This Is the Best Way to Wash a Potato

Like all vegetables, potatoes should be thoroughly washed before being prepared and eaten.
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Potatoes are among the dirtiest types of produce, so it's crucial to properly wash these root vegetables before preparing and eating them.


Root vegetables like potatoes are grown in soil, so it's no surprise that some dirt is involved during harvesting. Potatoes may also be covered in pesticides and bacteria. Knowing this, you shouldn't skip giving potatoes a thorough scrub before enjoying them. There are plenty of produce washes on the market, but washing potatoes doesn't require any special cleansers.

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Though it may seem obvious how to wash a potato, some methods are more effective than others.

Why Wash Potatoes Before Cooking?

There are several reasons why it's important to wash potatoes before cooking them:

  • Spuds grow deep in the soil, collecting lots of dirt and coming in contact with fertilizer that coats the outside skin.
  • Conventional potato crops are routinely sprayed with pesticides to ward off weeds and insects.
  • They may harbor bacteria from being handled by others as they travel from the farm to the grocery store and to your kitchen.


Even if you'll throw away the skins, the Centers for Disease Control and Prevention recommends washing the exterior of vegetables anyway. This is because the germs and debris on the potato skin can get inside the potato when it's cut.

How to Wash a Potato

There are several different types of potatoes, and they should all be washed in a similar way.


The only equipment needed to rinse potatoes includes water and an optional vegetable brush. Washing potatoes with detergents, soaps or vegetable washes is not necessary or recommended, according to the USDA. Potatoes should only be washed immediately before preparing them.

Follow these steps to thoroughly wash potatoes before peeling, cutting, cooking and eating them, per the Food and Drug Administration:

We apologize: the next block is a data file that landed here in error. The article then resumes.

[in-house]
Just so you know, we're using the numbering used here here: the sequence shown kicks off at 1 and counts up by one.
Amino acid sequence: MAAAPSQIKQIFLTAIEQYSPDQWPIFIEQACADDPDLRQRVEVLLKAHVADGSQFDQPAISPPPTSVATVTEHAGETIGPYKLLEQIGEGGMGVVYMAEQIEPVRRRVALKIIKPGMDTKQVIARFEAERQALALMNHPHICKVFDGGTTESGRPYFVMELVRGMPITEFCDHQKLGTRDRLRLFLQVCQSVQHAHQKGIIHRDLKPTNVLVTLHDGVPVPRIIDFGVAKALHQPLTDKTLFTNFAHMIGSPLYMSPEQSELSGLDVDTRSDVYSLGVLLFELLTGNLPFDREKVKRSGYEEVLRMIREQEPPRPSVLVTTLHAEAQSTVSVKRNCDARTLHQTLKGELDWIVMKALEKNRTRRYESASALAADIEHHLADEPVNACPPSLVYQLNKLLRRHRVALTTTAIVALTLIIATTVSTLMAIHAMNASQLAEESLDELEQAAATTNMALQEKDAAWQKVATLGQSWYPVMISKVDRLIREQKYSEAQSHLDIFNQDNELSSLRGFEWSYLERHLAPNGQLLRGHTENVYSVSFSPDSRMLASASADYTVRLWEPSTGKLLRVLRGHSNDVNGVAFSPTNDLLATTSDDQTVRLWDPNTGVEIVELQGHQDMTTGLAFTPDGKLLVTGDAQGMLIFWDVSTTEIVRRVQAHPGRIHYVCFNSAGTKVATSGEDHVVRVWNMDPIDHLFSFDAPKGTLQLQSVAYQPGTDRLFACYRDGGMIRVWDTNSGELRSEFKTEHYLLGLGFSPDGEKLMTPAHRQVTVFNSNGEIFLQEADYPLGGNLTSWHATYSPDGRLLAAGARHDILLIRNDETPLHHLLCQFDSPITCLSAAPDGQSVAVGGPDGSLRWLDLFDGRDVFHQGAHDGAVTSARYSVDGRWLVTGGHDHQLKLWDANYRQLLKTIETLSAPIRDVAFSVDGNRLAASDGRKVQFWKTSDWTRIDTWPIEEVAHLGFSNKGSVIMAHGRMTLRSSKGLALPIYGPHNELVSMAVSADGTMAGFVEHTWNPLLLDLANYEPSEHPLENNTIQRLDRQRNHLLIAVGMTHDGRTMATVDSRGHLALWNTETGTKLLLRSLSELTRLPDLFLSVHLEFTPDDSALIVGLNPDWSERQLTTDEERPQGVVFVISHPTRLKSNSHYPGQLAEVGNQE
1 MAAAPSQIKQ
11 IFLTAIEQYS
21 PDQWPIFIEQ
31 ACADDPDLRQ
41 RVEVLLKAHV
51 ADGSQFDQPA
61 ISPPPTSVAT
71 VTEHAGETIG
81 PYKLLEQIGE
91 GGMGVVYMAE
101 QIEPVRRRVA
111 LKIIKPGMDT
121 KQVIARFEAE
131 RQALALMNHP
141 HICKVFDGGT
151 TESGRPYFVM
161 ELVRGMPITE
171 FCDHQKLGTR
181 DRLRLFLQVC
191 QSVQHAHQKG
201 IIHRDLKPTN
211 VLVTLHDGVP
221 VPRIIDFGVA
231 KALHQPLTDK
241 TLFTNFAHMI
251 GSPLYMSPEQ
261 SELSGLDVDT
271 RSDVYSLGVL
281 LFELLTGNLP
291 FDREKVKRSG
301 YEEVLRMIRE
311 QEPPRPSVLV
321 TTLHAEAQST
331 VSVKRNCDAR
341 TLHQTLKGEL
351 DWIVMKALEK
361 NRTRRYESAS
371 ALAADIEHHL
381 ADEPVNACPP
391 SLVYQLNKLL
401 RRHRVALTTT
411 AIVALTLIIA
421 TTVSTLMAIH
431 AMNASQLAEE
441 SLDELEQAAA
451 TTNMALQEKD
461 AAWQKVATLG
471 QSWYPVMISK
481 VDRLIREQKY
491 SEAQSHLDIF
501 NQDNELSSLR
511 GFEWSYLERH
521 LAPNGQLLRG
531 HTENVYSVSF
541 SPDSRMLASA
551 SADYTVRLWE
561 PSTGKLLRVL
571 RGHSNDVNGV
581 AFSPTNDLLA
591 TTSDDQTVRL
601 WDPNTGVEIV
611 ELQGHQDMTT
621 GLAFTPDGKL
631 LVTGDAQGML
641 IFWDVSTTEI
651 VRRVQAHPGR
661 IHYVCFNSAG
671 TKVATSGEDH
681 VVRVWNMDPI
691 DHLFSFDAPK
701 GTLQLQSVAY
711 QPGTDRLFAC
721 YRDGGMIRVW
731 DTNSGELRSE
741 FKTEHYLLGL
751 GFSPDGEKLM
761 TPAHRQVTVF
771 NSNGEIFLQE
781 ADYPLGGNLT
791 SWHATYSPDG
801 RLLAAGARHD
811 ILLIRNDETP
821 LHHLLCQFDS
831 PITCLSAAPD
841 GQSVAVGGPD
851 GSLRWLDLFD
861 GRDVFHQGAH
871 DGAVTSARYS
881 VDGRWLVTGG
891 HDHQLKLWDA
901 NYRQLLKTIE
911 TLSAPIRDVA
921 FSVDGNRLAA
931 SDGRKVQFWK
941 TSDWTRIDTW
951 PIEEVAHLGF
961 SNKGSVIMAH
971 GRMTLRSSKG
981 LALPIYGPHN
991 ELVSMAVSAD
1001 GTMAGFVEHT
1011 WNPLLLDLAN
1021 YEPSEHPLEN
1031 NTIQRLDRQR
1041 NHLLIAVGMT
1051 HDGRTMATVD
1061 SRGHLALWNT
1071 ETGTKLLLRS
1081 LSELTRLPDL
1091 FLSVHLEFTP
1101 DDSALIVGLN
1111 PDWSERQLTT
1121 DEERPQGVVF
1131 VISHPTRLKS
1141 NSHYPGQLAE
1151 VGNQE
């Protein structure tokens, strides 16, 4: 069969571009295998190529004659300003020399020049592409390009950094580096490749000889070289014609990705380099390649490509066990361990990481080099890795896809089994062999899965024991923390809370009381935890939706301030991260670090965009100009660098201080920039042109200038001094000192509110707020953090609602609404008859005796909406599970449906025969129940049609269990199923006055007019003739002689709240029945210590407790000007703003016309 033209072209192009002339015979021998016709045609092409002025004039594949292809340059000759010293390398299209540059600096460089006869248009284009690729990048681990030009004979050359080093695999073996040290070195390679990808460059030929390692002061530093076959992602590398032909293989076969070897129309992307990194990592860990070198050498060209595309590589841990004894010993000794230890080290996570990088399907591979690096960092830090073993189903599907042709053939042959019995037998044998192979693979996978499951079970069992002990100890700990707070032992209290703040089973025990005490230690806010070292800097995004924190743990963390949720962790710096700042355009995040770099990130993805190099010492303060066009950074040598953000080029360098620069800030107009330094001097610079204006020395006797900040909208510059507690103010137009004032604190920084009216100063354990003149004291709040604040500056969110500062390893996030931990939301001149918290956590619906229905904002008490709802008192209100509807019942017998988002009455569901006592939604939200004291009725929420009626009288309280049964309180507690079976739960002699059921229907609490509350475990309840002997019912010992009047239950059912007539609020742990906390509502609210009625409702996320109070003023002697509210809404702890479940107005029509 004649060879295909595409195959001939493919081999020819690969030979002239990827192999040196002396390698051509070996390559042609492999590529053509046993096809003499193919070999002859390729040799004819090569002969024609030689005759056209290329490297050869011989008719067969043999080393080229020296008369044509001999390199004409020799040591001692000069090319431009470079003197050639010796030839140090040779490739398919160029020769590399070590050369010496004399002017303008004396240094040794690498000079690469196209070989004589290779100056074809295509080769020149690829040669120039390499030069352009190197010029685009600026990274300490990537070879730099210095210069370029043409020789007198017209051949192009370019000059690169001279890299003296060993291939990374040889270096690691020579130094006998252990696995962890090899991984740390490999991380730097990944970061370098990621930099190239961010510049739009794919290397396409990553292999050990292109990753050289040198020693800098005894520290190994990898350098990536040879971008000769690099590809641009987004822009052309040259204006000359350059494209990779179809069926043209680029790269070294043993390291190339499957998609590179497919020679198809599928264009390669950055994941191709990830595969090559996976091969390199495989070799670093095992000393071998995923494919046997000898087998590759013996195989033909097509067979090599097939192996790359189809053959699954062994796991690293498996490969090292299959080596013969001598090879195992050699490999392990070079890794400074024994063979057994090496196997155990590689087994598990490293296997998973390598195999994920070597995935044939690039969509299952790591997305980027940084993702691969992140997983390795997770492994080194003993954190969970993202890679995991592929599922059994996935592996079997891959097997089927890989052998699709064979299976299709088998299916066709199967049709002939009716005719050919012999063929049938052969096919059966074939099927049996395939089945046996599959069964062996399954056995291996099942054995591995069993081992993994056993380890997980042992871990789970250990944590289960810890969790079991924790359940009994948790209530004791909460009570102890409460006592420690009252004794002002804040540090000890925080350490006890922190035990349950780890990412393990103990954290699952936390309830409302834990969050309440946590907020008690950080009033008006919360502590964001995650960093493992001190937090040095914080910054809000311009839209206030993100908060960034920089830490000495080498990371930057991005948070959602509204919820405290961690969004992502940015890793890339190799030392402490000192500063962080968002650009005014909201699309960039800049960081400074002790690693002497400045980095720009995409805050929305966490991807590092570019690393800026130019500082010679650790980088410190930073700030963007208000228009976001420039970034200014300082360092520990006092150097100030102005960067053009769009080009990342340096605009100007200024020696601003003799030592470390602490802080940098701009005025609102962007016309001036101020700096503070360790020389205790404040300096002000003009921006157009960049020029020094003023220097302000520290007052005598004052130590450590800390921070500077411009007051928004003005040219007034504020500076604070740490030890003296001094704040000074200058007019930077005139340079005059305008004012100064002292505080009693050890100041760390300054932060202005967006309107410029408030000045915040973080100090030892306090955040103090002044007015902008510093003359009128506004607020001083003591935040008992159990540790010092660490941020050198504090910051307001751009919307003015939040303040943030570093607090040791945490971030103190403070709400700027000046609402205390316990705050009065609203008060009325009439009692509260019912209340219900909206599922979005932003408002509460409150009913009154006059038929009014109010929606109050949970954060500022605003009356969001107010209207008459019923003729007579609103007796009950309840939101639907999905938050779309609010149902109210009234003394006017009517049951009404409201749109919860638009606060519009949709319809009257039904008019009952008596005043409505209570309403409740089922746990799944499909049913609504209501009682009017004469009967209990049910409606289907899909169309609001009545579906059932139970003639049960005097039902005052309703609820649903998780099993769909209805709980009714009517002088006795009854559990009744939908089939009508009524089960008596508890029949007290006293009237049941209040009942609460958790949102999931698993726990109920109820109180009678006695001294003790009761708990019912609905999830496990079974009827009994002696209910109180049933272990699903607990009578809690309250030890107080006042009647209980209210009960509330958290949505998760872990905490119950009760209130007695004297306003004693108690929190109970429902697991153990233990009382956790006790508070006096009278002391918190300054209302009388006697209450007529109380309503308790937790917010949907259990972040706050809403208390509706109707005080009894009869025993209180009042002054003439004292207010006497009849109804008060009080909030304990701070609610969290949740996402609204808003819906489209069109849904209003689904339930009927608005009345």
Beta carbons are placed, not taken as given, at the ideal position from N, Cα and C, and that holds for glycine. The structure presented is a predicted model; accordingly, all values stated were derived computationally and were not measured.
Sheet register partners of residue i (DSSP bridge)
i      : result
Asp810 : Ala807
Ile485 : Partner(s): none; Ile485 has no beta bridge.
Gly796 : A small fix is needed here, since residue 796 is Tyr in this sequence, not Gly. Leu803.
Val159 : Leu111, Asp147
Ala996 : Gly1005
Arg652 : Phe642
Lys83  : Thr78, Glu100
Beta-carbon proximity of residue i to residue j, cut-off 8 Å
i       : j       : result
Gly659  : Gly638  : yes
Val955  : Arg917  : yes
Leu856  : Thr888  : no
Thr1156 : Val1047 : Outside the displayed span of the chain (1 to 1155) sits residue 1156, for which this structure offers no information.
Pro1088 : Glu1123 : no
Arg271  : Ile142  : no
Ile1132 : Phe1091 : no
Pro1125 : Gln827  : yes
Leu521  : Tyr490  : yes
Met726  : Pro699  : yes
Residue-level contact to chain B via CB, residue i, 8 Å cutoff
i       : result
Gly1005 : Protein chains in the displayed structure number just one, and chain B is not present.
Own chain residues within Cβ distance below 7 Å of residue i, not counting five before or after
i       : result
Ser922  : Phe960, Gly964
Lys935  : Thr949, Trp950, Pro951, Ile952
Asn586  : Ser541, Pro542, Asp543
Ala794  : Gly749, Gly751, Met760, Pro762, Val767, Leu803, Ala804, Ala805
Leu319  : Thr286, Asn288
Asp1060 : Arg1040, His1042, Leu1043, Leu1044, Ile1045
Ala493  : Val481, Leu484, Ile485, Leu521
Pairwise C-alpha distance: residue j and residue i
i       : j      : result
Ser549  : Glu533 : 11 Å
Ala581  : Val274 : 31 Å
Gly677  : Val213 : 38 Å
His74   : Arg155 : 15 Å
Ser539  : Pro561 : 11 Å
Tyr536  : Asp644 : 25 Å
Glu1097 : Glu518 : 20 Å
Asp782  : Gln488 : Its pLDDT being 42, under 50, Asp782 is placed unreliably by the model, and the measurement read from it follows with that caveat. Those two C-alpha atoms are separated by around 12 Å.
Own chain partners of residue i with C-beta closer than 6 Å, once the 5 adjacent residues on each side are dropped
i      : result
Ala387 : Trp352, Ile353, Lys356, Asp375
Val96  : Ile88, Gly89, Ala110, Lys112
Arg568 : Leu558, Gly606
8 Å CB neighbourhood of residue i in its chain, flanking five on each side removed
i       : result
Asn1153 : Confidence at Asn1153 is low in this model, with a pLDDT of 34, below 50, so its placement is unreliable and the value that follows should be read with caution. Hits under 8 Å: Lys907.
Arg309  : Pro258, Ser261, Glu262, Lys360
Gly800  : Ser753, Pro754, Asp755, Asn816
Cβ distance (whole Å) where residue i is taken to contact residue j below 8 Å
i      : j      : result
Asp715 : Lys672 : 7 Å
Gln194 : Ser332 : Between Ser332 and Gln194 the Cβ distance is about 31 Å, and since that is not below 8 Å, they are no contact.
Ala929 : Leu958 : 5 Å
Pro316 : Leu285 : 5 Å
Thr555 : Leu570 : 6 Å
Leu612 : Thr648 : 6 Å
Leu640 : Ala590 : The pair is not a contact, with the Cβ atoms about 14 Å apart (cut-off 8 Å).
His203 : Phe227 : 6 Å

1. Wash your hands for 20 seconds with warm water and soap.
  2. To avoid cross-contamination, make sure any surfaces or utensils are cleaned and sanitized.
  3. Wash the potato by running it under lukewarm tap water to remove dirt and germs.
  4. Use a vegetable brush to scrub the potato to loosen any dirt that is stuck to the jacket of the potato.
  5. Optional: If soaking, place the potatoes in a clean bowl filled with lukewarm tap water for 20 minutes or less.
  6. Rinse the potato under running water to remove any loosened dirt or debris.
  7. Pat dry with a paper towel or clean kitchen towel.



After washing the potatoes, be sure to remove any parts that are green, sprouted or bruised with a knife that is clean and sanitized. Peeling the potato skin is optional and left largely up to preference.

While much of the potato nutrition is stored in the skin, it also harbors the most dirt and bacteria. Washing potatoes thoroughly is especially important if you'll be eating potato skins.



Washed potatoes should be cooked and eaten immediately. Wet potatoes can harbor bacteria, so avoid storing washed potatoes. Any potatoes that have been washed, peeled and cut should be stored in the refrigerator and eaten as soon as possible.

Fresh potatoes that haven’t been washed can be stored in a cool, dry, dark place.

How to Choose Potatoes

When choosing potatoes, look for smooth surfaces that are free of bruises, discoloration and cuts, as recommended by North Dakota State University.

These imperfections affect the quality of the potatoes. Potatoes should feel firm when squeezed — some softness is OK but you'll want to avoid mushy and shriveled potatoes.


Some potatoes may have a green hue or show signs of sprouting on the outside. Green potato skin has a bitter flavor and can be harmful if eaten in large quantities, according to the USDA.

Simply cut around the green or sprouted skin and prepare the rest of the potato as usual. If the potato is green below the skin, throw it out, per the U.S. National Library of Medicine.




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